Moreover, not all nodes in a large mobile network
may be sophisticated enough to run such mobility
support protocols. Network Mobility support
protocols have then been proposed in the context of
a recent IETF working group called NEMO. In
mobile networks, the weakest part comprises mainly
the mobile router. If the MR is down, all connections
between Internet and mobile node are disrupted.
Hence, multihomed architecture with multiple
mobile routers which offers multiple connections to
the Internet is proposed for mobile networks. This
architecture enables connections to be maintained
even if one of the mobile routers fails. Our work
related to handover optimization for network
mobility focuses on this specific NEMO
The goal of this paper is to optimize handover
process both in host and network mobility but
considered separetely. Firstly, we propose a new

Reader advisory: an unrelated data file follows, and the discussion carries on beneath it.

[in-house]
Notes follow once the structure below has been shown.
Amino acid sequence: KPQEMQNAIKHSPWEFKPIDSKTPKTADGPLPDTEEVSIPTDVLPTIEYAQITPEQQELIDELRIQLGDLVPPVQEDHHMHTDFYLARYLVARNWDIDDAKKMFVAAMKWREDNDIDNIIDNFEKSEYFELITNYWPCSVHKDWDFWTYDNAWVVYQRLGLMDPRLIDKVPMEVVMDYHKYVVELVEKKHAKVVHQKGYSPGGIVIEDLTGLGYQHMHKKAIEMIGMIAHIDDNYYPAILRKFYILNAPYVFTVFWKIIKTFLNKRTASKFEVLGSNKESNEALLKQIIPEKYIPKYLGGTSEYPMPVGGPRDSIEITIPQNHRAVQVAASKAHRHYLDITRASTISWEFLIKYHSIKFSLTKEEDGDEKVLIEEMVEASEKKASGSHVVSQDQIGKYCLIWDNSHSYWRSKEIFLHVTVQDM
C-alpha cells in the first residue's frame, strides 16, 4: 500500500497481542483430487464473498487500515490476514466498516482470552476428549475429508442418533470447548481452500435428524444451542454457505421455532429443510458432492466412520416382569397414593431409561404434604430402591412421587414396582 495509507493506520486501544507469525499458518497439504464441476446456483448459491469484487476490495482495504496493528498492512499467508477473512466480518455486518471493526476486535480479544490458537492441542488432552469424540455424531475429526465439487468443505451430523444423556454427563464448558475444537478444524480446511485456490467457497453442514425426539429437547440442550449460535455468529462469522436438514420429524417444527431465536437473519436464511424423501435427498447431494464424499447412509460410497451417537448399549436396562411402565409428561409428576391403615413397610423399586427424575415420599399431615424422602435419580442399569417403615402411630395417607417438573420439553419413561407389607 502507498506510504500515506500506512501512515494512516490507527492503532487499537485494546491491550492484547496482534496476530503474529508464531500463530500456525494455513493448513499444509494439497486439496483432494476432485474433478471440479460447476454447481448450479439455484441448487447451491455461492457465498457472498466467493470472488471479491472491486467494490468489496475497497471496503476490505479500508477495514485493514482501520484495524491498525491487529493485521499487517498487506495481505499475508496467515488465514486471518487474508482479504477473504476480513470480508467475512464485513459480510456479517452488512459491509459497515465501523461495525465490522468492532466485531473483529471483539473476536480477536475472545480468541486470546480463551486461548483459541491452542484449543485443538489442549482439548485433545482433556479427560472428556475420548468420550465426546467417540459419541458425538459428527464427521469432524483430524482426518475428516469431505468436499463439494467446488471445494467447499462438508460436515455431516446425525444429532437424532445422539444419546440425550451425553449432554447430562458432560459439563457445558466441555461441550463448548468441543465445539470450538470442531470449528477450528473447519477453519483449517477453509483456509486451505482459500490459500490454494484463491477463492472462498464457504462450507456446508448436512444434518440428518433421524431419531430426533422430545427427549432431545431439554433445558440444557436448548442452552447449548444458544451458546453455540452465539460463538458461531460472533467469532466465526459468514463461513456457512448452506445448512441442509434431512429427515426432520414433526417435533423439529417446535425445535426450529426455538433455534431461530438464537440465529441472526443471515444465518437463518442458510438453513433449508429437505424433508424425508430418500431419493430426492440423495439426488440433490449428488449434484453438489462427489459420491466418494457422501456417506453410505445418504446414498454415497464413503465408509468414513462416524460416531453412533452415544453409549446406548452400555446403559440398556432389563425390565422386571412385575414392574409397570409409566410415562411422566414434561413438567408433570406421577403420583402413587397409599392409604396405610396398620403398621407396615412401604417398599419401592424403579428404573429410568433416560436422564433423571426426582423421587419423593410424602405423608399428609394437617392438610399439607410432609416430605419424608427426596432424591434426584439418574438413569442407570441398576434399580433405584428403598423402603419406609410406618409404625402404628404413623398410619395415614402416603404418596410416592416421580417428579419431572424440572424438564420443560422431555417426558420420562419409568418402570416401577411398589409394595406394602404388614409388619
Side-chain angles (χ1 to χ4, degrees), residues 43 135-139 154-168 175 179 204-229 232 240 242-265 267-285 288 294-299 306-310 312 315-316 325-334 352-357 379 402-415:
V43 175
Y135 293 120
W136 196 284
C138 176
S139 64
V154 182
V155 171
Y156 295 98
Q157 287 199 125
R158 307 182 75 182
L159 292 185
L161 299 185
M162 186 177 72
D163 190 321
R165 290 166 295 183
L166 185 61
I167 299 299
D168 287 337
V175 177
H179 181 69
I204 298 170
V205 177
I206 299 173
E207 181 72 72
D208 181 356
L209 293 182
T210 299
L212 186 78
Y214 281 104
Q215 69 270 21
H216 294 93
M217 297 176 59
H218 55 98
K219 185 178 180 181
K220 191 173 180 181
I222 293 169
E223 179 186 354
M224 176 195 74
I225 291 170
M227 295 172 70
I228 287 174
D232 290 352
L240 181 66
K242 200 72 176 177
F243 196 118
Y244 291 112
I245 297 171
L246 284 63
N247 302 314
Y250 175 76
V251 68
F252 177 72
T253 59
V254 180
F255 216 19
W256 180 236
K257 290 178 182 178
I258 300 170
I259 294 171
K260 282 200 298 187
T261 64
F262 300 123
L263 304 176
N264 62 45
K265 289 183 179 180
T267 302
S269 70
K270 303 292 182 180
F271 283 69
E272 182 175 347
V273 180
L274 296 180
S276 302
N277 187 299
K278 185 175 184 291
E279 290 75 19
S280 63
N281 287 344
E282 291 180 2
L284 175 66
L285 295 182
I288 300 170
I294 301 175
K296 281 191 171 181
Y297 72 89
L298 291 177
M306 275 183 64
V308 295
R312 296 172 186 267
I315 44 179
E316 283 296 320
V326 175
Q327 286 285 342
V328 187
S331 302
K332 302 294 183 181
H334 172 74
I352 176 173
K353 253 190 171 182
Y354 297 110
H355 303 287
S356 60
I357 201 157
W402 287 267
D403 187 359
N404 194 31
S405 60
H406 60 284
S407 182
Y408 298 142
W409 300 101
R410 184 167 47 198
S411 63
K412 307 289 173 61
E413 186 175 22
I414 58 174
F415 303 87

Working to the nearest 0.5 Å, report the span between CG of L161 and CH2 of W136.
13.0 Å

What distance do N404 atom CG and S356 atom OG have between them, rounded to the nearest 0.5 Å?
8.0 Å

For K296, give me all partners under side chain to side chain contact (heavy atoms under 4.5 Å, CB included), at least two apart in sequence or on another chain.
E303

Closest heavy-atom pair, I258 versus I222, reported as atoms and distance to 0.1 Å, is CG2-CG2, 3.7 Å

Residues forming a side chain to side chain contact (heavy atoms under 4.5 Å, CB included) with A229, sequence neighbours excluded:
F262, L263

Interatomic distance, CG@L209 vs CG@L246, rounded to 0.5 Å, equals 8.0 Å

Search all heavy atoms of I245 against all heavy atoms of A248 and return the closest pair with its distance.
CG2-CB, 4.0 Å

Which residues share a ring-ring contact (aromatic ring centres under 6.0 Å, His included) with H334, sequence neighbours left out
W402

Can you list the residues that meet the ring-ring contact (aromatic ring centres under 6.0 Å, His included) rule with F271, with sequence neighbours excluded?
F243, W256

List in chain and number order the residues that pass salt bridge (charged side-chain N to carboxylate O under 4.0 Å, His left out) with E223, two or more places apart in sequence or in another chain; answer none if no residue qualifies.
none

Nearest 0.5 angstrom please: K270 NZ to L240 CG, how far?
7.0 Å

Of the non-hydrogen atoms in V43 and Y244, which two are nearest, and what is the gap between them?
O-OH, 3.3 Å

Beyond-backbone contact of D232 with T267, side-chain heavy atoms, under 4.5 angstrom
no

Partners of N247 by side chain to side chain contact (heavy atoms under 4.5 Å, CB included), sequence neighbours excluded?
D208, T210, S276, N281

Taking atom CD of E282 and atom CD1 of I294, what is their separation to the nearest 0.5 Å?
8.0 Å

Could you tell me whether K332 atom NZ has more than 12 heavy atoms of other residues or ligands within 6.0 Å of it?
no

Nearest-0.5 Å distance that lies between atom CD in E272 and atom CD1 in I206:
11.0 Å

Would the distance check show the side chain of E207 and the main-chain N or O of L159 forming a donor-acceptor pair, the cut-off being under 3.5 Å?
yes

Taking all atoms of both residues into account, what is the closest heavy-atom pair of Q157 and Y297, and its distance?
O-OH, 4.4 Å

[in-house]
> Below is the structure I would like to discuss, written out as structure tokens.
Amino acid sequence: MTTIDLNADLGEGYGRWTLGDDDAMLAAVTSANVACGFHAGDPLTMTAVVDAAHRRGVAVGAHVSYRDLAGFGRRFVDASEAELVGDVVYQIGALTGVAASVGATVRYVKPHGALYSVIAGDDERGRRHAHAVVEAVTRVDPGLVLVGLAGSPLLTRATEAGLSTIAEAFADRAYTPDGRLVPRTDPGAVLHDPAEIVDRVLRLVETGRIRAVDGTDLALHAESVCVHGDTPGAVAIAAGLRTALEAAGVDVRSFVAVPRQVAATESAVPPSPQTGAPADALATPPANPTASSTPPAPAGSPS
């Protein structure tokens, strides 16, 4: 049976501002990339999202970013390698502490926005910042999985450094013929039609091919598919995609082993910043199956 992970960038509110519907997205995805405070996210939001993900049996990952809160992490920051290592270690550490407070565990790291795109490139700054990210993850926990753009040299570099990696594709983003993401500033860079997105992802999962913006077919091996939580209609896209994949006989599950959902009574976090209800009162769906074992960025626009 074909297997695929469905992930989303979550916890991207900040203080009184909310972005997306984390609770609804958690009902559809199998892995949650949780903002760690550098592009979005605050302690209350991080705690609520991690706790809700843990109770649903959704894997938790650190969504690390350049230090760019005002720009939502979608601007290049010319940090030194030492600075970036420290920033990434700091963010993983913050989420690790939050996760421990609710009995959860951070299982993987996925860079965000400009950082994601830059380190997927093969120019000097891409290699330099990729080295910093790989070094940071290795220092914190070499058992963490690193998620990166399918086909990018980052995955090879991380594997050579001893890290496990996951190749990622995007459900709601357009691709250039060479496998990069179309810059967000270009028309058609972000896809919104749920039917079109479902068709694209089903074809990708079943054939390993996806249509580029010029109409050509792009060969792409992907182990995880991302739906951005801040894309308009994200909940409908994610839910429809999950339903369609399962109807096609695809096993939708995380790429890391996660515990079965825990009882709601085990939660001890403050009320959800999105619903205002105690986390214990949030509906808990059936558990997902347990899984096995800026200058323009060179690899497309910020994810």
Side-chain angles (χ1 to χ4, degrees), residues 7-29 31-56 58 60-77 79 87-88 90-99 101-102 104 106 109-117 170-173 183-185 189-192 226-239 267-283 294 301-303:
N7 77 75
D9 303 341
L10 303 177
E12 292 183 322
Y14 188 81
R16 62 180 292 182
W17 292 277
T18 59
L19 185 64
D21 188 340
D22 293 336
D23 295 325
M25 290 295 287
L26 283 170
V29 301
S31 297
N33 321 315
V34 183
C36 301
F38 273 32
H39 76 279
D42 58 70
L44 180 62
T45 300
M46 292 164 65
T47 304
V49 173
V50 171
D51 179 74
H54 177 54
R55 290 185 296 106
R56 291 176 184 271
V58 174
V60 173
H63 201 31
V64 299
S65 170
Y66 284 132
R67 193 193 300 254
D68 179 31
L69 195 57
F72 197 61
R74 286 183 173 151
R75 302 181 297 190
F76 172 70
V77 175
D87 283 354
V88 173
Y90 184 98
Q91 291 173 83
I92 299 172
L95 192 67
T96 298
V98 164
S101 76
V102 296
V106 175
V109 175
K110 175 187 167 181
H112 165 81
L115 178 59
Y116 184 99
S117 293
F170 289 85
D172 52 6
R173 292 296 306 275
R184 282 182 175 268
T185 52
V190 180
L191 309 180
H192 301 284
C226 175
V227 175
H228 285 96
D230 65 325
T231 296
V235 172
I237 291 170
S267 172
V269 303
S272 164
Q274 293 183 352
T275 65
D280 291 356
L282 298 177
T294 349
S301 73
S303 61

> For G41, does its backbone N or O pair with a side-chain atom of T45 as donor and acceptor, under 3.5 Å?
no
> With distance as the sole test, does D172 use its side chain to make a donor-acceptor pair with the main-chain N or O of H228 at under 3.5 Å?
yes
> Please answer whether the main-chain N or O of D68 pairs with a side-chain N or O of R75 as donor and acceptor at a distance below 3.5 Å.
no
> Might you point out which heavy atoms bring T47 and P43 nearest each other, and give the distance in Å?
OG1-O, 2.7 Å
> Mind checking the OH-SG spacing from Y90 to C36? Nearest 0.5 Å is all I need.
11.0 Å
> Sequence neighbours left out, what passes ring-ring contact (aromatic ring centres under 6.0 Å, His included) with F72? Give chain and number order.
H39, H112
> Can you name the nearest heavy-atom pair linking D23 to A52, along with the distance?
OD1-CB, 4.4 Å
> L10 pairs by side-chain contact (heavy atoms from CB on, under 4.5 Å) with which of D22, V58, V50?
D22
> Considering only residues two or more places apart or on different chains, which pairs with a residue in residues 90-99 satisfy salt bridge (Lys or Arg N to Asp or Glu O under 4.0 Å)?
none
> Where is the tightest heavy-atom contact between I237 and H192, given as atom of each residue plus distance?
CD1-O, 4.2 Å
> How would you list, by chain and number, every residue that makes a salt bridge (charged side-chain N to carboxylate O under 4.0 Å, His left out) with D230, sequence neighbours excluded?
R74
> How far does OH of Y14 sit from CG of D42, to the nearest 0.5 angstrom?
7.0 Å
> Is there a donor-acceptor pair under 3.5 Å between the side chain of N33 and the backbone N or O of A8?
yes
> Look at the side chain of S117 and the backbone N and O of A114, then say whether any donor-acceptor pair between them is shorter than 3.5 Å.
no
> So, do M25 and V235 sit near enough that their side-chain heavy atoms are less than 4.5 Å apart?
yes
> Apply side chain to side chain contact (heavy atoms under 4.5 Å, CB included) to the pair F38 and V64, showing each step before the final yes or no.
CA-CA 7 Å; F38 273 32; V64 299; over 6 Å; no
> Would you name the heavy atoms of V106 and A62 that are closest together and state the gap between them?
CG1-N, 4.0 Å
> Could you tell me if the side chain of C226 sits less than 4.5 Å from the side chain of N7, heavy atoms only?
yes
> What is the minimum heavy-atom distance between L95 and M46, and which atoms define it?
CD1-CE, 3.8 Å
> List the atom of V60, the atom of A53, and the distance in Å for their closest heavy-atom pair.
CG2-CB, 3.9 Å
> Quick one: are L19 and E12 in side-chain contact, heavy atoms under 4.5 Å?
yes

scheme to achieve MIPv6 fast handover by
introducing a component called Handover Control
Function (HCF) in Hierarchical Mobile IPv6. This
function allows us to predict a new attachment point
while a mobile node moves. Secondly, we enhance
the handover performance in the case of multiple
mobile routers installed in mobile network, by using
a new component called Intelligent Control Entity
The remainder of the paper is organized as
follows. Section 2 presents background and related
work of mobile IP and NEMO. Section 3 presents
our HCF Based Handover Function for a novel
MIPv6 scheme and the detailed protocol operation.
Lin H., Labiod H., Zhi Wei G. and Wei A. (2006).
In Proceedings of the International Conference on Wireless Information Networks and Systems, pages 59-64
Section 4 deals with NEMO with multiple mobile
routers via a general architecture and a new scheme.
Finally, conclusion and future work are mentioned
in section 5.
As our paper deals with both host and network
mobility, we describe the several proposals related
to these two kinds of mobility separately.
2.1 Host Mobility with Mobile IPv6
Many kinds of wireless technologies, such as GSM,
UMTS, Wireless LAN, using the Host Mobility